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Wikipedia defines Gamification as "the use of game design techniques and mechanics to solve problems and engage audiences." Khan Academy has received attention (e.g., see this post) for incorporating some elements of gamification into its online learning system.

Are there any scientific papers that seek to:

  • integrate the ideas of "gamification" into models of education and cognitive psychology?
  • critically and empirically evaluate the ideas of gamification for educational purposes?
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Relevant but not specific to education: lithosphere.lithium.com/t5/Building-Community-the-Platform/… –  Ben Brocka Jan 19 '12 at 17:30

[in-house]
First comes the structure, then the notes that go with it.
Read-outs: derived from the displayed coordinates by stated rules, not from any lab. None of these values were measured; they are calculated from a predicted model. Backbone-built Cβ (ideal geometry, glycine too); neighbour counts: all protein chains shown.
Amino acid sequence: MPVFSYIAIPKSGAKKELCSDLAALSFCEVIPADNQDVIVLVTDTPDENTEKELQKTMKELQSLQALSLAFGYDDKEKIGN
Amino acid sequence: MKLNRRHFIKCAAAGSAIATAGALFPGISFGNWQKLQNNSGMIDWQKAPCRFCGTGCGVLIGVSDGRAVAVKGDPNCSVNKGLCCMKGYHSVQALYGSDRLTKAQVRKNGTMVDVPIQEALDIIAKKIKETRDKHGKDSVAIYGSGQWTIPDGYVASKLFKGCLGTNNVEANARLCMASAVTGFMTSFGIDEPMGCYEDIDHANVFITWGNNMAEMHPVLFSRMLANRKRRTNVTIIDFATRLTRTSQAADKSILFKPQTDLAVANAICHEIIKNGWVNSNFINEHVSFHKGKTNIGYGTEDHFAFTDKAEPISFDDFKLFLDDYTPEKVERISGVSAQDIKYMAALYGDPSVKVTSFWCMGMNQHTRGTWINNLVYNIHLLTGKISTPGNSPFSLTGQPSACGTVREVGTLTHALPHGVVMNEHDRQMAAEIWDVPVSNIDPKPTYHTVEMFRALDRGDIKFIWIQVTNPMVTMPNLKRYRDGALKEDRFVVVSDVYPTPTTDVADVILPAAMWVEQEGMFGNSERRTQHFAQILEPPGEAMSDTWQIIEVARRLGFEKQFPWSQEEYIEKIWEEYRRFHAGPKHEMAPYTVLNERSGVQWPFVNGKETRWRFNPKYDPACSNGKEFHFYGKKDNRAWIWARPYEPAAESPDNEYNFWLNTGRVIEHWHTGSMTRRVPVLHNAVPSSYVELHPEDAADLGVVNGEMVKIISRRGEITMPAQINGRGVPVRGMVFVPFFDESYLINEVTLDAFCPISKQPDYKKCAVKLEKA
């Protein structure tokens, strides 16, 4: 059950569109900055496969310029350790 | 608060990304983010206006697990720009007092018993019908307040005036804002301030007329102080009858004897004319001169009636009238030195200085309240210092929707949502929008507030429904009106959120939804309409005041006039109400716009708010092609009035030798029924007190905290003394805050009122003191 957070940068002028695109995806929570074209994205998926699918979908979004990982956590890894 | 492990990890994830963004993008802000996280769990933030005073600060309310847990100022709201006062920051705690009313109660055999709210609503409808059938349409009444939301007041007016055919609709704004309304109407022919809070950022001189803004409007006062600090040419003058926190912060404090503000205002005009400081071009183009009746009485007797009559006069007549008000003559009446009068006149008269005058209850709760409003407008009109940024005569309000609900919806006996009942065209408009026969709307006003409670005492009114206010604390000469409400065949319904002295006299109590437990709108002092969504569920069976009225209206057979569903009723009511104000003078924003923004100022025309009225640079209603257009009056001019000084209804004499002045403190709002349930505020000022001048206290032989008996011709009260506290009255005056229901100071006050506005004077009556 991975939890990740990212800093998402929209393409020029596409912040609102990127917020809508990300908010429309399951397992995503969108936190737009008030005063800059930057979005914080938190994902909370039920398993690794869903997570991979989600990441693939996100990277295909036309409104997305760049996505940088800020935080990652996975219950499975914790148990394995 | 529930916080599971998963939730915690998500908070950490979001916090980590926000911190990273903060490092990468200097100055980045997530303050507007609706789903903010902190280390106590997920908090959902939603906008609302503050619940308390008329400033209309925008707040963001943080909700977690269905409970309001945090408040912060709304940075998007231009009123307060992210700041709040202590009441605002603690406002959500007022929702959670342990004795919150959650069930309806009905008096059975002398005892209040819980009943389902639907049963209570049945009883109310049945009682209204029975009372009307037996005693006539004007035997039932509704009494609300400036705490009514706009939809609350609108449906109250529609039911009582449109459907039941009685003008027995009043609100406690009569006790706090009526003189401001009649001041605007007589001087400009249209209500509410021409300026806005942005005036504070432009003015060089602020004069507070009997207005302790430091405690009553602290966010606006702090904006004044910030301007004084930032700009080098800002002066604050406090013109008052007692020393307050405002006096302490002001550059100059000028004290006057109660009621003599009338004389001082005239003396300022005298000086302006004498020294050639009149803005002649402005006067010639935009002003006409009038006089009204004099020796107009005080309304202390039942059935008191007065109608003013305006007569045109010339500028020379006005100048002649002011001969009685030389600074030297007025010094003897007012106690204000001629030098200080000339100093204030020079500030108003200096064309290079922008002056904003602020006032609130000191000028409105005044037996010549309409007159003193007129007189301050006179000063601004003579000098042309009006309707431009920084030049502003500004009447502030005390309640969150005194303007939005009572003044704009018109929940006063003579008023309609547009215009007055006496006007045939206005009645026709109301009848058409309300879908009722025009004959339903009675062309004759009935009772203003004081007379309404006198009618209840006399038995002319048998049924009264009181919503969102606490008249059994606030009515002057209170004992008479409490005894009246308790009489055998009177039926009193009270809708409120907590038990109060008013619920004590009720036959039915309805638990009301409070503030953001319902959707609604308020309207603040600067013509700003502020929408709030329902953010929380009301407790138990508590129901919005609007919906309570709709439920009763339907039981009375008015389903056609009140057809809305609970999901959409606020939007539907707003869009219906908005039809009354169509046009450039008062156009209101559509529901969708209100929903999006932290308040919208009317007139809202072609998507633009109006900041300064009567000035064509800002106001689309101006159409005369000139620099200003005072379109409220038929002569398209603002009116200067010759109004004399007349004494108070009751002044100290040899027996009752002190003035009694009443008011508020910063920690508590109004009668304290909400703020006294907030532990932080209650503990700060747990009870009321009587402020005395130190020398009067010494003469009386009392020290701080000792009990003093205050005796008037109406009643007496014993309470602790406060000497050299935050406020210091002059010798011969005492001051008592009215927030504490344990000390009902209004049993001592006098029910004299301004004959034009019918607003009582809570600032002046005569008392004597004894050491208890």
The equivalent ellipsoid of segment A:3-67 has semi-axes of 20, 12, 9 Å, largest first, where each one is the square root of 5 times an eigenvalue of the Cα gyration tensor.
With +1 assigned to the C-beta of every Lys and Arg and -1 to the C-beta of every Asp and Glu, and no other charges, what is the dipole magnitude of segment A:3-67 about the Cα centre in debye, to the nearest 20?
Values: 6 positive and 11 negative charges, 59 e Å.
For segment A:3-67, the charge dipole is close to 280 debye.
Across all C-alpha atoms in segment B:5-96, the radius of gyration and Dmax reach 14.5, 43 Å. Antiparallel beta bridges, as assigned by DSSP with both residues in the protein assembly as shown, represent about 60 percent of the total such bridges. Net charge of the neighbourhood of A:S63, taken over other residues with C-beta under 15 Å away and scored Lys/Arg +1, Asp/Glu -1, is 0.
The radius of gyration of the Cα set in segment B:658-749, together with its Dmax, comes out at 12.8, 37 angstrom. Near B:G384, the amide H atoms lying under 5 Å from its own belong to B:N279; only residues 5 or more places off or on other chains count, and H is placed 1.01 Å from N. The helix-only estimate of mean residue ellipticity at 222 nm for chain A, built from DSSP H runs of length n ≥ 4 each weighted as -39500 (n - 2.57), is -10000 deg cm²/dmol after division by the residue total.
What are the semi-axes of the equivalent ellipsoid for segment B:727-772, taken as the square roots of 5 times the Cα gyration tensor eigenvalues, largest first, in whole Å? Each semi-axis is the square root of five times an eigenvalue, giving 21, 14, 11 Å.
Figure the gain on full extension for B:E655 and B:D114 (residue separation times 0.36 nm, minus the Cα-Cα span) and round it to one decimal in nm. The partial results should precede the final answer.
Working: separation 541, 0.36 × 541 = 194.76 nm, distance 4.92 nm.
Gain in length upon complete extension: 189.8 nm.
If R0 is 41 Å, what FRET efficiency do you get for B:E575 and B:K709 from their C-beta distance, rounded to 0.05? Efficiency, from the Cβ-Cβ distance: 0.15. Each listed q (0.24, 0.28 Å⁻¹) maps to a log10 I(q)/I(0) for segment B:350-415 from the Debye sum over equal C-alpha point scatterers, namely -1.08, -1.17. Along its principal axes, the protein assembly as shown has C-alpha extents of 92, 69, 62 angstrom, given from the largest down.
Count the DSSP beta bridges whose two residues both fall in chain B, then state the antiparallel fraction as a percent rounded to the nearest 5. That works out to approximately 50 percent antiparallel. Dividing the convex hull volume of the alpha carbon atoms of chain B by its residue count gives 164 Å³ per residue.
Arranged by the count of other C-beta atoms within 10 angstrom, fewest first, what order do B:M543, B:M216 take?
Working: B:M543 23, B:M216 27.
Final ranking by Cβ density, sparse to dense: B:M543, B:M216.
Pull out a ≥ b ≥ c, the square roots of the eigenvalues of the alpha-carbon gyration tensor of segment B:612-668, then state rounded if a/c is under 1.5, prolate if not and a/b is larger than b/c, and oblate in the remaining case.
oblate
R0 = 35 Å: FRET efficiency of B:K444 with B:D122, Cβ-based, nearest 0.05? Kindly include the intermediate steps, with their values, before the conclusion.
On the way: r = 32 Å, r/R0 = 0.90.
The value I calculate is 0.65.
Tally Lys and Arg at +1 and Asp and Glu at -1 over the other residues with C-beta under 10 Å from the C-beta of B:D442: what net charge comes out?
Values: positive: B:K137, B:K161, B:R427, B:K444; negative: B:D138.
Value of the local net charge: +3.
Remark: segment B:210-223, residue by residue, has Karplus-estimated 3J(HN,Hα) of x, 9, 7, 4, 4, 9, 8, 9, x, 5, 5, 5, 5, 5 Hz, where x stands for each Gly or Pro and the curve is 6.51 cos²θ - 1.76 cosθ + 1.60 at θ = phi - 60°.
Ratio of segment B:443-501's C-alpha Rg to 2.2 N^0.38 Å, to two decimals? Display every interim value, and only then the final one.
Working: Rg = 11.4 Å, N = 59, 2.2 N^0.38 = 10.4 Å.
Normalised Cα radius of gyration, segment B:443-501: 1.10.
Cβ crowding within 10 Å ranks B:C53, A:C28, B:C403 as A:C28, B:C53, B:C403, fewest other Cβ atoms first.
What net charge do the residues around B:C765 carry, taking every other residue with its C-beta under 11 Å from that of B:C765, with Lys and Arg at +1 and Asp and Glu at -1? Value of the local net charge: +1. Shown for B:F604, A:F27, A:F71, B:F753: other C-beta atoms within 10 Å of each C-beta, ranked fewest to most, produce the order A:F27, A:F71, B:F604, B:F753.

games in education are very old, even ancient of course. video games are newer.... –  vzn Apr 8 at 17:57
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A popular lit review [1] discusses some game concepts that have been empirically tested to support the idea of gamification. In some cases, these may be very hard to quantify. For instance, the article cites fantasy as one gaming characteristic that engages gamers. Other characteristics, such as having clear, well defined rules/goals seem easier to objectify.

The authors also cite mystery, challenge (something hard but not too hard, with levels of increasing difficulty), sensory stimuli, and user control as important attributes as well.

[1] Garris et al. (2002). Games, Motivation, and Learning: A Research and Practice Model. Simulation and Gaming, 33, 441-467. Retrieved from http://scottsdale.brainadvantage.com/PDF/Games,%20Motivation,%20and%20Learning.pdf

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